Subtitled “The Battles of Three Women at Home and at War”, this detailed account of three women who joined the National Guard in their home state of Illinois, never expecting to have to go to war, and who ended up being deployed to Afghanistan and Iraq after 9/11 is both eye-opening and thought-provoking. It follows the experiences of a young college student, a single mother and a grandmother who all chose to enlist for different reasons, the main one being the incentive of the financial rewards Subtitled “The Battles of Three Women at Home and at War”, this detailed account of three women who joined the National Guard in their home state of Illinois, never expecting to have to go to war, and who ended up being deployed to Afghanistan and Iraq after 9/11 is both eye-opening and thought-provoking. It follows the experiences of a young college student, a single mother and a grandmother who all chose to enlist for different reasons, the main one being the incentive of the financial rewards available to them. The author follows the women, who became friends, for 12 years, and examines not only the experience of being in the military at home and abroad, but the effect of military life on the women themselves and their families. Based on lengthy interviews and personal interaction between the author and the women, who answered her many questions openly and honestly, plus personal correspondence, diaries, photos, military and medical records and therapists’ notes, there is no doubt this is a meticulously and painstakingly researched study, but one which unfortunately still fails to engage. For a start it is far too detailed. The reader simply doesn’t need to know what one of them ordered at the restaurant on a particular night, or what films another watched on her laptop one evening. This concentration on the minutiae of daily life, although valuable in giving a complete picture of that life, still becomes tedious after a while. Then the author admits to reconstructing conversations, but there is no need for this novelistic approach. This is a book about hard fact; we don’t need made-up conversations. Another drawback is that the author never accompanied the women on their deployment and yet recounts the experiences as though she were there. All is imagined; although no doubt based closely on what she was told, this use of imagined events necessarily detracts from the authenticity of the book. It’s certainly not a bad book in itself. Indeed, it is a valuable insight into why poor, working class Americans are so drawn to the military, and it’s a vivid portrayal of how women fare in a male-dominated environment. But the style is far too gossipy and banal, and I felt that the author was simply not up to her subject matter. Such a book is valuable and needed to be written, and I’d rather have this one than none at all. But for me the style was off-putting and irritating, and although I learnt a great deal, I can’t say that I enjoyed it.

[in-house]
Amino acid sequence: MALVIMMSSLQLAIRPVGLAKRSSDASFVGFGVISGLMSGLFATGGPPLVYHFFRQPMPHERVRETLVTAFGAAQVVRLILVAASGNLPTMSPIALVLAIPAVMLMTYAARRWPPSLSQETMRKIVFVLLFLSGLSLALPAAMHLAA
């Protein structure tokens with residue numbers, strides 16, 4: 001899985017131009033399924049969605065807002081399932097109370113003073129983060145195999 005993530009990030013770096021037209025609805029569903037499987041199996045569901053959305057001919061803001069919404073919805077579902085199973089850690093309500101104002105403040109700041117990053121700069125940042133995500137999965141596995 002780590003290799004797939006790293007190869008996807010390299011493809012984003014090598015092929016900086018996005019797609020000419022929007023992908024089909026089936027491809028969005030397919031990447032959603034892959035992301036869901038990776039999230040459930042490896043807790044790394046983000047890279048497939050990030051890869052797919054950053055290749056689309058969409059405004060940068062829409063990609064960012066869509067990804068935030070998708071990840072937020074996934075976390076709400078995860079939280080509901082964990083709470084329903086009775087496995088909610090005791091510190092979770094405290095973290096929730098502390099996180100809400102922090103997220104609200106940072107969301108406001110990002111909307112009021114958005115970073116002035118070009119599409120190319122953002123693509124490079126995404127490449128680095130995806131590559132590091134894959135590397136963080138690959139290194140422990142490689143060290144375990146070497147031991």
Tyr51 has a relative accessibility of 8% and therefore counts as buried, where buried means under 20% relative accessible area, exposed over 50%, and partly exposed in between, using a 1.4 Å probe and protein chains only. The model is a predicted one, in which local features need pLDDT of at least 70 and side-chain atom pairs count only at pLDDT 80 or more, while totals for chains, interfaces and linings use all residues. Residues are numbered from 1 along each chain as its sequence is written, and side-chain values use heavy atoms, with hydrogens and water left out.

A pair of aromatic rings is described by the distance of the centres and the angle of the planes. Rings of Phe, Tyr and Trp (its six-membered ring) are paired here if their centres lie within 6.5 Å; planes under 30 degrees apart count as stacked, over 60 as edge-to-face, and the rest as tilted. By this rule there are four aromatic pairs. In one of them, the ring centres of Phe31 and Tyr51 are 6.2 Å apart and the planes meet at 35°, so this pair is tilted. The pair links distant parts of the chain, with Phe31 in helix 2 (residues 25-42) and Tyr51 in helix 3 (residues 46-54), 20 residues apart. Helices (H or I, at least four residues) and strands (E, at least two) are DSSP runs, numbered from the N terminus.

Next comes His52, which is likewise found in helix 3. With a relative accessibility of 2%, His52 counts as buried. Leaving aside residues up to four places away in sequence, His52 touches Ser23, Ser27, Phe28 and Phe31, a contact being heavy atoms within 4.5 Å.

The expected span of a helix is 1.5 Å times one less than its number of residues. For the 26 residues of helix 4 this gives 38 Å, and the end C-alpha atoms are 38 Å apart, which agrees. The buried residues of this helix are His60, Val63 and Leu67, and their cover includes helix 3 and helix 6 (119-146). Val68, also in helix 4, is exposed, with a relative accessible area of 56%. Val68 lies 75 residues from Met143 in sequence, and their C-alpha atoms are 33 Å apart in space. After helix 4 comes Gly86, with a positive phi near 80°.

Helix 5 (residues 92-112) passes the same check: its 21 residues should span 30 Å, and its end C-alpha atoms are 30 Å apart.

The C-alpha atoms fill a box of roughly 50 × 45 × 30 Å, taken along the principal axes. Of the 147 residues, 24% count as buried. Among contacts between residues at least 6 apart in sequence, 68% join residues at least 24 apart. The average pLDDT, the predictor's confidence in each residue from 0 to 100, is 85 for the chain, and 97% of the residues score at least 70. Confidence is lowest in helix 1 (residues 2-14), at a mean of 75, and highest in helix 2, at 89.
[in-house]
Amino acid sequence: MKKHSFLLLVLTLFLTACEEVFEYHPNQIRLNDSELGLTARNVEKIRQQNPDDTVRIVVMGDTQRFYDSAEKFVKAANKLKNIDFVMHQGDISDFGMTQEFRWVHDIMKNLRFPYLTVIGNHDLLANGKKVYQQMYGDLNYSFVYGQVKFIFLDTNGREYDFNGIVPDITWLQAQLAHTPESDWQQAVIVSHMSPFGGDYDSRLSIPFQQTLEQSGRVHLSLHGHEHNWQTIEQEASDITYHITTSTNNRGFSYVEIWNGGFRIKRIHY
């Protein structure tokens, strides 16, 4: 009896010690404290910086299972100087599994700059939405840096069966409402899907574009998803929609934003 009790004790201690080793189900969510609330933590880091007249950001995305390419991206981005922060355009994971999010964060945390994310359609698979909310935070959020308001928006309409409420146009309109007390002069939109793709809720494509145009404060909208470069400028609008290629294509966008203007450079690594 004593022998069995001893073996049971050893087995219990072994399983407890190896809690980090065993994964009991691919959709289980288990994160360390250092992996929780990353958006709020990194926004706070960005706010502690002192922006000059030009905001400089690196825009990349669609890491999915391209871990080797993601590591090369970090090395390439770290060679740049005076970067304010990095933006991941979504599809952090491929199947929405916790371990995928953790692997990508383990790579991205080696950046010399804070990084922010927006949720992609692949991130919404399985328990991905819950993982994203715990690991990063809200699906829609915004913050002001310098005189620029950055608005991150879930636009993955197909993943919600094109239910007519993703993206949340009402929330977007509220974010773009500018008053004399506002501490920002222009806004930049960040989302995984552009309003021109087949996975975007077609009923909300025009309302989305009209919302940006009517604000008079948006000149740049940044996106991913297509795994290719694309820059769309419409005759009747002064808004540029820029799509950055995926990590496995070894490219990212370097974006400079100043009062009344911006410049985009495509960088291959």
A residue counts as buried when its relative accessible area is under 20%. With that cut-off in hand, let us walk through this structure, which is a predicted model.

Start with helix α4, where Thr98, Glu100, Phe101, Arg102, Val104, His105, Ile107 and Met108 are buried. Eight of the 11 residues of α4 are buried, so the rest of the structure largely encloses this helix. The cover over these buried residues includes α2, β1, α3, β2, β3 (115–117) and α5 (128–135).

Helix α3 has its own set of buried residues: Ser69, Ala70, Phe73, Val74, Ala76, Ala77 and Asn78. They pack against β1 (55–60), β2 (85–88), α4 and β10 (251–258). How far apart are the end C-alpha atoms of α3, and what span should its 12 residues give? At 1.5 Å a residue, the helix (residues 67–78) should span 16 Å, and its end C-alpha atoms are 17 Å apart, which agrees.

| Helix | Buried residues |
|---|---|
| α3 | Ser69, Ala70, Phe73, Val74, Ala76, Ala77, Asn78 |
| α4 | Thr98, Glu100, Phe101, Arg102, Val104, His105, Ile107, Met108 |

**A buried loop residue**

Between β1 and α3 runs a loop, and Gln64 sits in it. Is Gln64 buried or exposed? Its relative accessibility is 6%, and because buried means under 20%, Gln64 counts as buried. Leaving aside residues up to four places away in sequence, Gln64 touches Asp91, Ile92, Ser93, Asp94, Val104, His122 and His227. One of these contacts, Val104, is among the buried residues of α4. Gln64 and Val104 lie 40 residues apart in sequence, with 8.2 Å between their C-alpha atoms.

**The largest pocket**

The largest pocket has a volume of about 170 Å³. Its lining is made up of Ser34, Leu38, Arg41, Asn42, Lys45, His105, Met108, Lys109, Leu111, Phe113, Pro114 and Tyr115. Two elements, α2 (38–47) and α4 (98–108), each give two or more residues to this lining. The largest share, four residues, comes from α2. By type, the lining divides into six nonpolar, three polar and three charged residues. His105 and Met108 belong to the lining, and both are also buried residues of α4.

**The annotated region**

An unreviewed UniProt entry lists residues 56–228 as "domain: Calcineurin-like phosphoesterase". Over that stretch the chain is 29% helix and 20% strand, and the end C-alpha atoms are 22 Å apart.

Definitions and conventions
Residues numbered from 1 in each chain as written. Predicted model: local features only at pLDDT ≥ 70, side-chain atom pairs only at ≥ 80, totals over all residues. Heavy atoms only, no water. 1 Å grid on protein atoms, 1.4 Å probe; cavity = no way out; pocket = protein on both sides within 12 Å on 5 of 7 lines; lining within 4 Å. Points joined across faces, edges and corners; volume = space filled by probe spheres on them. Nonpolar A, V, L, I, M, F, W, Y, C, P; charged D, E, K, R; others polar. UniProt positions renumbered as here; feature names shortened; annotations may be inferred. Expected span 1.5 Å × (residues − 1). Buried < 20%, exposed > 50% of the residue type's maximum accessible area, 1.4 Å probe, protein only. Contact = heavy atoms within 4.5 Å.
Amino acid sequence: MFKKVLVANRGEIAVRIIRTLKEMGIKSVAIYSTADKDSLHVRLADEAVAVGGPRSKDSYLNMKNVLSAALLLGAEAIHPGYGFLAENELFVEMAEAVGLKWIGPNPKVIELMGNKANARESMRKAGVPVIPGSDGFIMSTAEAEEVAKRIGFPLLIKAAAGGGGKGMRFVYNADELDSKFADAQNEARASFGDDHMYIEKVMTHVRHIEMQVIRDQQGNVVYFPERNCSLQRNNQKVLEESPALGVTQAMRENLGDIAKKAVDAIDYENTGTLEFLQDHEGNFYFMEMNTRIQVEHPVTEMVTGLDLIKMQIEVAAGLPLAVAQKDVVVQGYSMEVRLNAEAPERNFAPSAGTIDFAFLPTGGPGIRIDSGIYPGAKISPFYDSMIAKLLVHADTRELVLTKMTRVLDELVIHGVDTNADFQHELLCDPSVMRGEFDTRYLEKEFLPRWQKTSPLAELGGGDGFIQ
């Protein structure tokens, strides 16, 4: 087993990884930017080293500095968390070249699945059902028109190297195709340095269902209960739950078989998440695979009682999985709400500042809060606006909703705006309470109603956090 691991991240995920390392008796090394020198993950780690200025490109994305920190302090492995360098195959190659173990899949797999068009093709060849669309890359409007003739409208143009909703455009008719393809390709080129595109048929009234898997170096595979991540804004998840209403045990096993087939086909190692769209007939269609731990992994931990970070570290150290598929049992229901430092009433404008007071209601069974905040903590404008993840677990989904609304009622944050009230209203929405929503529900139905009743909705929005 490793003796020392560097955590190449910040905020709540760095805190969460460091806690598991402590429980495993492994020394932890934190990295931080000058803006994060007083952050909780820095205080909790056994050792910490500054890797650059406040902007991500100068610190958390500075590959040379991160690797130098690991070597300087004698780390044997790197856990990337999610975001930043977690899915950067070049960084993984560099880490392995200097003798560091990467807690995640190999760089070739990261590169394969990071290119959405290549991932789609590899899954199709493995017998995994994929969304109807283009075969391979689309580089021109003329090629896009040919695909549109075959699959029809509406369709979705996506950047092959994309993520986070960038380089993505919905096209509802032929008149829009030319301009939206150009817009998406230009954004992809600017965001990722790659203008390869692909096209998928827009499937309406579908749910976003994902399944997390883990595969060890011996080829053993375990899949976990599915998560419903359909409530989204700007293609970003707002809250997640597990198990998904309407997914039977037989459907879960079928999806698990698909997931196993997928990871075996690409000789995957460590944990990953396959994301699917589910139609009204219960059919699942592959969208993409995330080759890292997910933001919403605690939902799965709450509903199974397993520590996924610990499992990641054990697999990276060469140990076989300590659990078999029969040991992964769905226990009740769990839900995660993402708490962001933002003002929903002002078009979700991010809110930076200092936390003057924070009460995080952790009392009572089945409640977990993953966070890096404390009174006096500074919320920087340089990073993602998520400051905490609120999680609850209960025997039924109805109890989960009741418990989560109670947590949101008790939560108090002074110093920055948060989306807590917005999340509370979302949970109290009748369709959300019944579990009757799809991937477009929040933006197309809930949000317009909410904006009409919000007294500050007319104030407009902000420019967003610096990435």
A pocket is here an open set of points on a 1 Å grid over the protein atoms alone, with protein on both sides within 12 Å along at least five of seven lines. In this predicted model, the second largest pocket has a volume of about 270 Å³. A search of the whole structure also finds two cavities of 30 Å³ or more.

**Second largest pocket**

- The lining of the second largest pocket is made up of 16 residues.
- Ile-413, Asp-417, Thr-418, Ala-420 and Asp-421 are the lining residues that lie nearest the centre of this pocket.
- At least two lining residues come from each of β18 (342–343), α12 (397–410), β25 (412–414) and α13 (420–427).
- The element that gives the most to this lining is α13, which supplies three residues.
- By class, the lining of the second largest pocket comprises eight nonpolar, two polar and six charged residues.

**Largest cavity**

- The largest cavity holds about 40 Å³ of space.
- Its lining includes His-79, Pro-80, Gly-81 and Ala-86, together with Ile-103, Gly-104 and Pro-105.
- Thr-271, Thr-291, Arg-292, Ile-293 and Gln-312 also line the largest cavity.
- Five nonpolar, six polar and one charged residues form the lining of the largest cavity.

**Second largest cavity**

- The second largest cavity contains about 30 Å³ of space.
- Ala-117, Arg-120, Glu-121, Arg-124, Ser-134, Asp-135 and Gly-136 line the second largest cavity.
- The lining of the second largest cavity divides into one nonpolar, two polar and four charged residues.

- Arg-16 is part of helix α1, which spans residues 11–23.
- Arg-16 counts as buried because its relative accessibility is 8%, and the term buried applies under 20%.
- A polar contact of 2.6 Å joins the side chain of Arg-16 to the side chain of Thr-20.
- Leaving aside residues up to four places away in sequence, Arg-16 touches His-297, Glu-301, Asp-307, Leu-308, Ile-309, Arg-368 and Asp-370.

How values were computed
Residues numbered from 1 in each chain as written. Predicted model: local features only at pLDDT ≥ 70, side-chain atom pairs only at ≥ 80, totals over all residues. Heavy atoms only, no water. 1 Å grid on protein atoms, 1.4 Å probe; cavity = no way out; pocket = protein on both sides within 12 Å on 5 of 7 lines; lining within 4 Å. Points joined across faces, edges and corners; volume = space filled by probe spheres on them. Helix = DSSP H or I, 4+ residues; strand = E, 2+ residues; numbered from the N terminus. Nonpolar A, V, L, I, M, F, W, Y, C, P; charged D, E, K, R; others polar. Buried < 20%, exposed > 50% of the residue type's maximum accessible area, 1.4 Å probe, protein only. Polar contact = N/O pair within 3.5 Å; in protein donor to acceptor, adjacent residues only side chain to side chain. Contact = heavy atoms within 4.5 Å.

2. 5 out of 5

    Crystal

    I really enjoyed this book. I read it for a book club and I really didn't think it would be my kind of book. I am a cozy mystery or romance kind of girl. It really surprised me because it was a book about war but more the emotional toll it takes on the soldiers. I definitely recommend this book.

  3. 5 out of 5

    Donna Davis

    I am usually good for half a dozen books at a time, but I have to admit that this one story has dominated my reading hours for the past week or so. I had so many preconceptions (and yes, stereotypes) that I didn't even realize I'd developed until I read about these brave souls who have gone to Afghanistan and in some cases, Iraq. What kind of woman leaves the home she knows and signs up for the National Guard? Sometimes (often!) it is someone who needs money quick. Sometimes it's a woman who is I am usually good for half a dozen books at a time, but I have to admit that this one story has dominated my reading hours for the past week or so. I had so many preconceptions (and yes, stereotypes) that I didn't even realize I'd developed until I read about these brave souls who have gone to Afghanistan and in some cases, Iraq. What kind of woman leaves the home she knows and signs up for the National Guard? Sometimes (often!) it is someone who needs money quick. Sometimes it's a woman who is desperate to get out of her current living situation. And once in awhile, it is something done, at first, when one is dead drunk and out of control; the Guard will fix that quickly! I've been a Marxist my whole adult life, and I have no athletic talent or inclination whatsoever. If I loved this story--and I did--then almost everyone will. My past stupefaction with people who signed up for the military and then were somehow surprised when they were sent to go to war is gone. I get it now. And I understand completely what alienation and culture shock awaits someone who has lived under a completely regimented structure in a Third World nation for a year or more, and then comes home to blaring advertisements for things nobody needs and the petty-sounding complaints of those who have always had it soft. I get it, because I read this book. You should, too.

  4. 4 out of 5

    Michel